Villanueva challenges readers to re-see the importance of memory, lived experience, and history for the marginalized scholar, researcher, and teacher of writing and rhetoric. He describes Memoria as a sharp-edged tool that allows us to rip through the layers of indifference and ignorance so an academic system that is still disproportionately white and male can hear us. He asks readers to conceptualize writing as a process in which the writer engages in analysis that simultaneously explores what the writer knows and how the writer has acquired that knowledge. He says:
For the person of color, it does more. The narrative of the person of color validates. It resonates. It awakens, particularly for those of us who are in institutions where our numbers are few. We know that though we really are Gramsci's exceptions––those who “through ‘chance’ [… have] had opportunities that the thousand others in reality could not or did not have” –our experiences are in no sense unique but are always analogous to other experiences from among those exceptions. So more than narrating the life of one of color so that “one creates this possibility, suggests the process, indicates the opening,” in Gramsci's terms … we remember the results of our having realized the possibility, discovered the process, found the opening, while finding that there is in some sense very little change on the other side. (15)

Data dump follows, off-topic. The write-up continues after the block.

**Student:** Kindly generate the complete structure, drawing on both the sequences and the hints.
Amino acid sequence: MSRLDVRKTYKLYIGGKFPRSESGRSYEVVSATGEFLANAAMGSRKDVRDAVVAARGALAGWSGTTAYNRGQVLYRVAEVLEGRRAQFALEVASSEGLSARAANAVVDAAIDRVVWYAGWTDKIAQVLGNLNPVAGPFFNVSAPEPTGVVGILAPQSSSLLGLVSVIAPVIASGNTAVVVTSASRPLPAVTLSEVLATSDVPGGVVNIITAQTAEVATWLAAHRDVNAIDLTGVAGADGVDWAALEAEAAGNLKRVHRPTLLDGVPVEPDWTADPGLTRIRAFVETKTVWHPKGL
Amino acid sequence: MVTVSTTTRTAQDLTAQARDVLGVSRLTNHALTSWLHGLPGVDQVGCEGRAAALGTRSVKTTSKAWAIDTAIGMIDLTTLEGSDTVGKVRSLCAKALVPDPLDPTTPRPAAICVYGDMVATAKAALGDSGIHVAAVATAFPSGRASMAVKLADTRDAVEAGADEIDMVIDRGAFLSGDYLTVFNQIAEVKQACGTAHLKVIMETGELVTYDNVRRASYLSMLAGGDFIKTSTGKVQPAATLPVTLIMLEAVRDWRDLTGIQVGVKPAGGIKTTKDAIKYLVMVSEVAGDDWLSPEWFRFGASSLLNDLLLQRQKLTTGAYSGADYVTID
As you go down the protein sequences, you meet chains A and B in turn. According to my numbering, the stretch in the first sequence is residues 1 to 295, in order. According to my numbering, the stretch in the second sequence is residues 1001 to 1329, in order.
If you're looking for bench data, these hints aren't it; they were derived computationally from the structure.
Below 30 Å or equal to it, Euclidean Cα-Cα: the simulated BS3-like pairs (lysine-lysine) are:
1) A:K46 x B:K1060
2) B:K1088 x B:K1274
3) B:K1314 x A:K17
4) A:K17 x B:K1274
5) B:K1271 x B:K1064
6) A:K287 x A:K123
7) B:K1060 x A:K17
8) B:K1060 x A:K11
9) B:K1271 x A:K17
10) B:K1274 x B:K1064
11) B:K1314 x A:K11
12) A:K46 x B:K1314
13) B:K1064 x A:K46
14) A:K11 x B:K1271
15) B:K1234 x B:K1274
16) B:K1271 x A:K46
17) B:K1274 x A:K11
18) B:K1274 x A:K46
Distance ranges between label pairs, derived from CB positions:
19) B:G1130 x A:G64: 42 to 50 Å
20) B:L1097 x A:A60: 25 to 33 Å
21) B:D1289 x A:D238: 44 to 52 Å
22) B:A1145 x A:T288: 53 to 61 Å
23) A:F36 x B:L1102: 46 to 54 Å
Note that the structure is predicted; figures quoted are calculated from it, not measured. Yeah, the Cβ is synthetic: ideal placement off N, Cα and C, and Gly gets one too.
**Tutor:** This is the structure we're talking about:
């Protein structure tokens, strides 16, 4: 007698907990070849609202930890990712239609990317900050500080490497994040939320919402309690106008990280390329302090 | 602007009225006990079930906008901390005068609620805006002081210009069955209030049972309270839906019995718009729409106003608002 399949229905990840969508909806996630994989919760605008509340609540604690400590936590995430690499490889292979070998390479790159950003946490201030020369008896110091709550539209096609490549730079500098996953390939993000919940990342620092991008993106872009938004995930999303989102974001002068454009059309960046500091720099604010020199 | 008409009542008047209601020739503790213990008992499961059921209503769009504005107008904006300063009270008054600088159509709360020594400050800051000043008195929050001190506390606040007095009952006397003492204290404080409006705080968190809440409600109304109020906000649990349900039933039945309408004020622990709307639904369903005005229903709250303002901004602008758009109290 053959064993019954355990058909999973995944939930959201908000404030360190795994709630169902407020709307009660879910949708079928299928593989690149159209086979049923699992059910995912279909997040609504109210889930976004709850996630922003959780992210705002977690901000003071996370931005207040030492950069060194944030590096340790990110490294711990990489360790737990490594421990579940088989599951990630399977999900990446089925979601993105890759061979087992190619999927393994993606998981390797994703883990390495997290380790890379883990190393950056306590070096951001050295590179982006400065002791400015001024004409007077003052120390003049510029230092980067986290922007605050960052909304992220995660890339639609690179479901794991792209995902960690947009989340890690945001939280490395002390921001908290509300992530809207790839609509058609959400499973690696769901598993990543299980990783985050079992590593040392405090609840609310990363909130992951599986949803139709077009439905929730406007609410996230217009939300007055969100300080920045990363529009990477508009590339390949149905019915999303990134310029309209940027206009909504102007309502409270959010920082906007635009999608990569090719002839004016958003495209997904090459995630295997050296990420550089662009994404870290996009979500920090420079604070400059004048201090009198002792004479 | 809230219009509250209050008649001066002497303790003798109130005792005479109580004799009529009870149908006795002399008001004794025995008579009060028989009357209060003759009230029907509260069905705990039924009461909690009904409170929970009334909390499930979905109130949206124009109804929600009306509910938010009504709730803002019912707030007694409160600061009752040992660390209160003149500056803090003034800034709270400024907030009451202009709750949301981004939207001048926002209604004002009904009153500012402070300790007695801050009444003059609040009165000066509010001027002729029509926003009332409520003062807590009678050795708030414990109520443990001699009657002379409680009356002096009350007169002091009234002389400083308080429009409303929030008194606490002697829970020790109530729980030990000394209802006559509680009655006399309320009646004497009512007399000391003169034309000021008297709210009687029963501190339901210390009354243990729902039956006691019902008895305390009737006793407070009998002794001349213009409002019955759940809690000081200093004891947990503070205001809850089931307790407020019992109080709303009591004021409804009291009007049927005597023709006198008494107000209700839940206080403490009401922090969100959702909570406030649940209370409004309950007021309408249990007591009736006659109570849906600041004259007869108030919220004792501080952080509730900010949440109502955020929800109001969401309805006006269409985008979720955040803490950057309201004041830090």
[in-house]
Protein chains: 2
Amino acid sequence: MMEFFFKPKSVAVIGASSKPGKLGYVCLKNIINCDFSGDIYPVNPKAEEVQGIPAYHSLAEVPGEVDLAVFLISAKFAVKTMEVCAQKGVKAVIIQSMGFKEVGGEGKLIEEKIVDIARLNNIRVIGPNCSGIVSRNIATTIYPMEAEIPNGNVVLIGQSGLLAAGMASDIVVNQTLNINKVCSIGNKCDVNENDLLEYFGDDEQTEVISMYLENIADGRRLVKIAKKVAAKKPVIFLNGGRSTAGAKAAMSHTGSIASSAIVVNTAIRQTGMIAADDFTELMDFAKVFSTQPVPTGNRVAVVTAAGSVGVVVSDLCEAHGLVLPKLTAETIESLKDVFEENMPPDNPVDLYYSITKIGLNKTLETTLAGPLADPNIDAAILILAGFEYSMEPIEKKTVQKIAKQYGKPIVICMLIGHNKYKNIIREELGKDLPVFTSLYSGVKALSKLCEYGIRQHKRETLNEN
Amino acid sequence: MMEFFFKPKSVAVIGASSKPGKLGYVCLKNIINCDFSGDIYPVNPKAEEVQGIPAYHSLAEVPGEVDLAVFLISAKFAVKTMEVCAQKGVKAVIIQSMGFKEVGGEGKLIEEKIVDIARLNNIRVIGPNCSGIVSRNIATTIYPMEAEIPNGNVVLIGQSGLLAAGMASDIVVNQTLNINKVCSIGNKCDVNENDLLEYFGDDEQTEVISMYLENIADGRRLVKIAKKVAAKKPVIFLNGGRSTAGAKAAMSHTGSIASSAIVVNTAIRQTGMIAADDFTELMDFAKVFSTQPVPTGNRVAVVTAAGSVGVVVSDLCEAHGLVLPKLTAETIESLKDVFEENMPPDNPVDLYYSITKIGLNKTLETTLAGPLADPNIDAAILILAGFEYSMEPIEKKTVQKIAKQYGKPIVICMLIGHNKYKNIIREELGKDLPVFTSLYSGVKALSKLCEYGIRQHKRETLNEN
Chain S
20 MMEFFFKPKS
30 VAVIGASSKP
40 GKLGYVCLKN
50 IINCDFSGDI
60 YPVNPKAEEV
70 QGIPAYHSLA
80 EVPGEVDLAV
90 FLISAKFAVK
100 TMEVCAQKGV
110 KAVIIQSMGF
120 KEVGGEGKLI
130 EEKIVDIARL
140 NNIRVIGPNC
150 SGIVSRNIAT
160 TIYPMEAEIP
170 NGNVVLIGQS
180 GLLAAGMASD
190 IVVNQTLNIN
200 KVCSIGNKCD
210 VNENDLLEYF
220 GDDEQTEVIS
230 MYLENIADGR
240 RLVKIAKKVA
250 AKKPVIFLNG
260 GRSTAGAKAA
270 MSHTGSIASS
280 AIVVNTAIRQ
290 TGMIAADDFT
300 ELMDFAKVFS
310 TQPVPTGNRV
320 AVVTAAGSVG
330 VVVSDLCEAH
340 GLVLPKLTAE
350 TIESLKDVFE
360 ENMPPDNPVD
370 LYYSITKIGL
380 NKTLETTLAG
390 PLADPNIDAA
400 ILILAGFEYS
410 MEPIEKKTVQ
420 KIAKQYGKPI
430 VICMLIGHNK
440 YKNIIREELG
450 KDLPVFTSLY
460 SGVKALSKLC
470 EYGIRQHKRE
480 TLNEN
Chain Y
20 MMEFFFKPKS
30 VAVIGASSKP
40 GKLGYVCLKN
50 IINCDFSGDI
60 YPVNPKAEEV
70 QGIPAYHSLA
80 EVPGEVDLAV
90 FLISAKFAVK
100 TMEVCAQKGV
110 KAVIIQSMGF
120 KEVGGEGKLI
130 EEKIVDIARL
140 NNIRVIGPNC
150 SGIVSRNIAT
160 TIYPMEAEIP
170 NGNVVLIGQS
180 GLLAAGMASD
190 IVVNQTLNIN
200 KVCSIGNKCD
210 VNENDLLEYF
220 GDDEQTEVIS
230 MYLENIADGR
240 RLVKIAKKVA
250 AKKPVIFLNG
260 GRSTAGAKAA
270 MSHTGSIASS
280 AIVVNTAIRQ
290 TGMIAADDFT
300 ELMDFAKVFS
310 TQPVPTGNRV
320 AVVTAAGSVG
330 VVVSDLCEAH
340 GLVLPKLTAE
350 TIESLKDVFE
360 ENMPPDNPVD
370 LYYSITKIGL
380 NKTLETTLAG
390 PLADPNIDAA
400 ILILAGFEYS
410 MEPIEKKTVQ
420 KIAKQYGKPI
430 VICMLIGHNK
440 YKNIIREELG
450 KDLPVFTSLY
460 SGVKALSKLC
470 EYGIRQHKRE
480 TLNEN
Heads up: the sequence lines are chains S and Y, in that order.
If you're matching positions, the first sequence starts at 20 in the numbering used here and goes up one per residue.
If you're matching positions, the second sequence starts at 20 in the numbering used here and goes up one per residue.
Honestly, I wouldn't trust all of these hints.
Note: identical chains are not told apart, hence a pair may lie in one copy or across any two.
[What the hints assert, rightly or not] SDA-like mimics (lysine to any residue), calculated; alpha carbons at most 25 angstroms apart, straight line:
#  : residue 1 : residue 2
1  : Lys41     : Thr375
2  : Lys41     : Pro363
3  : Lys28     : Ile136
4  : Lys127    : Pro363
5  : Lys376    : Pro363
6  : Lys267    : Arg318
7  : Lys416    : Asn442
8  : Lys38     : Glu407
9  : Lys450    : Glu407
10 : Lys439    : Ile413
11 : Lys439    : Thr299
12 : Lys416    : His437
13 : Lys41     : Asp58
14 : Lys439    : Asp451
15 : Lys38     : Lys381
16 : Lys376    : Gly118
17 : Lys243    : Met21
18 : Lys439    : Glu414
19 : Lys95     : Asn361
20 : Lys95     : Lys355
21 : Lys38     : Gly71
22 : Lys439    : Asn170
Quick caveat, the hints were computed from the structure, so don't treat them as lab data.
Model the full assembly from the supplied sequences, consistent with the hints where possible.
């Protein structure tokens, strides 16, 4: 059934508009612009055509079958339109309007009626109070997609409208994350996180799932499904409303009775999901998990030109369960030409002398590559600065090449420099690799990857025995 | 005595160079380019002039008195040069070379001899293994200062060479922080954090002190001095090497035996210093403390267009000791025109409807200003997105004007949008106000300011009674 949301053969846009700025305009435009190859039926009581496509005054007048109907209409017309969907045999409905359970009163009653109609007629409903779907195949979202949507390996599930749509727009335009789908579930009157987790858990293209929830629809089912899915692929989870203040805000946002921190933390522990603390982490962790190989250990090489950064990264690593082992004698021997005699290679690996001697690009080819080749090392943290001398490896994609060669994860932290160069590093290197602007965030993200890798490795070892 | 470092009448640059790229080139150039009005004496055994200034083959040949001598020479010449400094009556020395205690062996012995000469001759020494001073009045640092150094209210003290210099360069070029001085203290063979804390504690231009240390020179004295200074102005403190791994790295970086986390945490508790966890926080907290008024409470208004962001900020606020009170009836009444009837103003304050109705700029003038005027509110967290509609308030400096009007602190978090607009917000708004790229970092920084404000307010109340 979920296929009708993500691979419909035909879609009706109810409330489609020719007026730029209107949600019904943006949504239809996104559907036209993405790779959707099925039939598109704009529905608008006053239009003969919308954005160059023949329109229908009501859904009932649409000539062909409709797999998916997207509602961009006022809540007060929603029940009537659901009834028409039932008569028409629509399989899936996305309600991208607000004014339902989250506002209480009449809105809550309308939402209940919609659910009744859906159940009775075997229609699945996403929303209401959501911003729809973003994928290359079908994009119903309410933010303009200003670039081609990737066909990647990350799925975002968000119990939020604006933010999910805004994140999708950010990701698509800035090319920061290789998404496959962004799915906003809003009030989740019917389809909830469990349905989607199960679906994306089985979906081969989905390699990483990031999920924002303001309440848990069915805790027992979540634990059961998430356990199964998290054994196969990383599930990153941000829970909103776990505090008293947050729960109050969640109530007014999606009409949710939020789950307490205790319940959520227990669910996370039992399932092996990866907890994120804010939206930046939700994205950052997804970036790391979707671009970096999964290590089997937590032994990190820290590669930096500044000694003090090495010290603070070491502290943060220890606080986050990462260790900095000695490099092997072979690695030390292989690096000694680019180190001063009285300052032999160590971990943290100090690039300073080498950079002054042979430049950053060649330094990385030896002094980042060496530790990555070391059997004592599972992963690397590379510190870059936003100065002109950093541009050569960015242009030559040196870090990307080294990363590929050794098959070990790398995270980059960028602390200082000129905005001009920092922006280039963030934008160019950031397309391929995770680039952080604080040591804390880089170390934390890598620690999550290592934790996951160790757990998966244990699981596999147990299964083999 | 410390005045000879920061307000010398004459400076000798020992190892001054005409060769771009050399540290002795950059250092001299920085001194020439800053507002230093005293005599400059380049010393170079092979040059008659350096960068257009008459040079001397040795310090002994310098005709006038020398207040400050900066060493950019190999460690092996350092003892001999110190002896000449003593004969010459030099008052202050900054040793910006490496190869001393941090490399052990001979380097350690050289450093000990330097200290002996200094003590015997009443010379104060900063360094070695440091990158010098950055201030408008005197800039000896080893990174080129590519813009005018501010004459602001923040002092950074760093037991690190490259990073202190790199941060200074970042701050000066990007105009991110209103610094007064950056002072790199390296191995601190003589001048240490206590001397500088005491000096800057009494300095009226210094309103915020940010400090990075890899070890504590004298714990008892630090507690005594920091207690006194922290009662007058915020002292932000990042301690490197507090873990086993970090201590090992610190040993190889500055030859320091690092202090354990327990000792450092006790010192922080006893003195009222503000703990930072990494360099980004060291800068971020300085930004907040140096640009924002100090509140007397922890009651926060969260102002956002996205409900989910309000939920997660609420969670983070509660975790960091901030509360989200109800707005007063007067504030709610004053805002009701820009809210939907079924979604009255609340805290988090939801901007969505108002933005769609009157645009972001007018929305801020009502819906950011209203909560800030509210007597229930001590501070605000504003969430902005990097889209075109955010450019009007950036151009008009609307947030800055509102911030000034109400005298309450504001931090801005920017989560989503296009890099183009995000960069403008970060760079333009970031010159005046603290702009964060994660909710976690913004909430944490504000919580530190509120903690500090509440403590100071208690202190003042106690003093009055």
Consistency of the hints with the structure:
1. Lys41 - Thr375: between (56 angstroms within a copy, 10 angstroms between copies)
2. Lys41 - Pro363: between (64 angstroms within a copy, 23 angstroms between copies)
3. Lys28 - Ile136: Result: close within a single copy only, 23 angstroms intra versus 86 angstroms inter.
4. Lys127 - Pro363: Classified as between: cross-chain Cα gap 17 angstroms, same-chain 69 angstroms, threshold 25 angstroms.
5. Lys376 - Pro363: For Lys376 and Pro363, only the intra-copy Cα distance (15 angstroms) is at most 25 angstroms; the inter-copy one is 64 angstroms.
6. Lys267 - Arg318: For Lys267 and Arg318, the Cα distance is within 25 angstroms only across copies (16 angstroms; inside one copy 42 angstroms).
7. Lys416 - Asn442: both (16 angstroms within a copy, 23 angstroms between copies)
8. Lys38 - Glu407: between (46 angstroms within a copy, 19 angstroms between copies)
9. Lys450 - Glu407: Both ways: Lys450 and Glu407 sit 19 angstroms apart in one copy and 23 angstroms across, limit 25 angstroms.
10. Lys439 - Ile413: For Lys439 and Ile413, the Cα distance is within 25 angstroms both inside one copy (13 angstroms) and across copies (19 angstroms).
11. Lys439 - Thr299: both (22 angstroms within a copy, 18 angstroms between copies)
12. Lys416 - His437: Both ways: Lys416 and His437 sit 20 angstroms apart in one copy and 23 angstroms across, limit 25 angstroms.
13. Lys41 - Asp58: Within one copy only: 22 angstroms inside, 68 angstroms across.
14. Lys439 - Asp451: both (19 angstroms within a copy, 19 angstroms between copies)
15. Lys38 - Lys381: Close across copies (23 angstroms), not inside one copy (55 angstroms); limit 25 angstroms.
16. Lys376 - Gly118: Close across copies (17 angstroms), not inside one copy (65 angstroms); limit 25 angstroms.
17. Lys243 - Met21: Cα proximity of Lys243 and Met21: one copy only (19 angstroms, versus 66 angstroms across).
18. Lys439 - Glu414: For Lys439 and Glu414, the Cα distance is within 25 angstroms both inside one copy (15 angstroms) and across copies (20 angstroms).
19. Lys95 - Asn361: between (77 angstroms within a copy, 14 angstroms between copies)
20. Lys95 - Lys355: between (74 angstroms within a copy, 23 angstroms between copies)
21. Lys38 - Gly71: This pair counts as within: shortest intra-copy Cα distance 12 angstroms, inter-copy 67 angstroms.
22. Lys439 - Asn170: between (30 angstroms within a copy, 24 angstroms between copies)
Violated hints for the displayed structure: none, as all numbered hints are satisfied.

At the time, I was struck by the argument that narratives, memory, our history, and our ways of telling stories are academic when they are used to do the work of academics—questioning, critiquing, and creating new knowledge. I saw myself as a member of this community of scholars of color who were using Memoria to make knowledge. I knew, for the first time in four years, without a doubt, that I belonged here.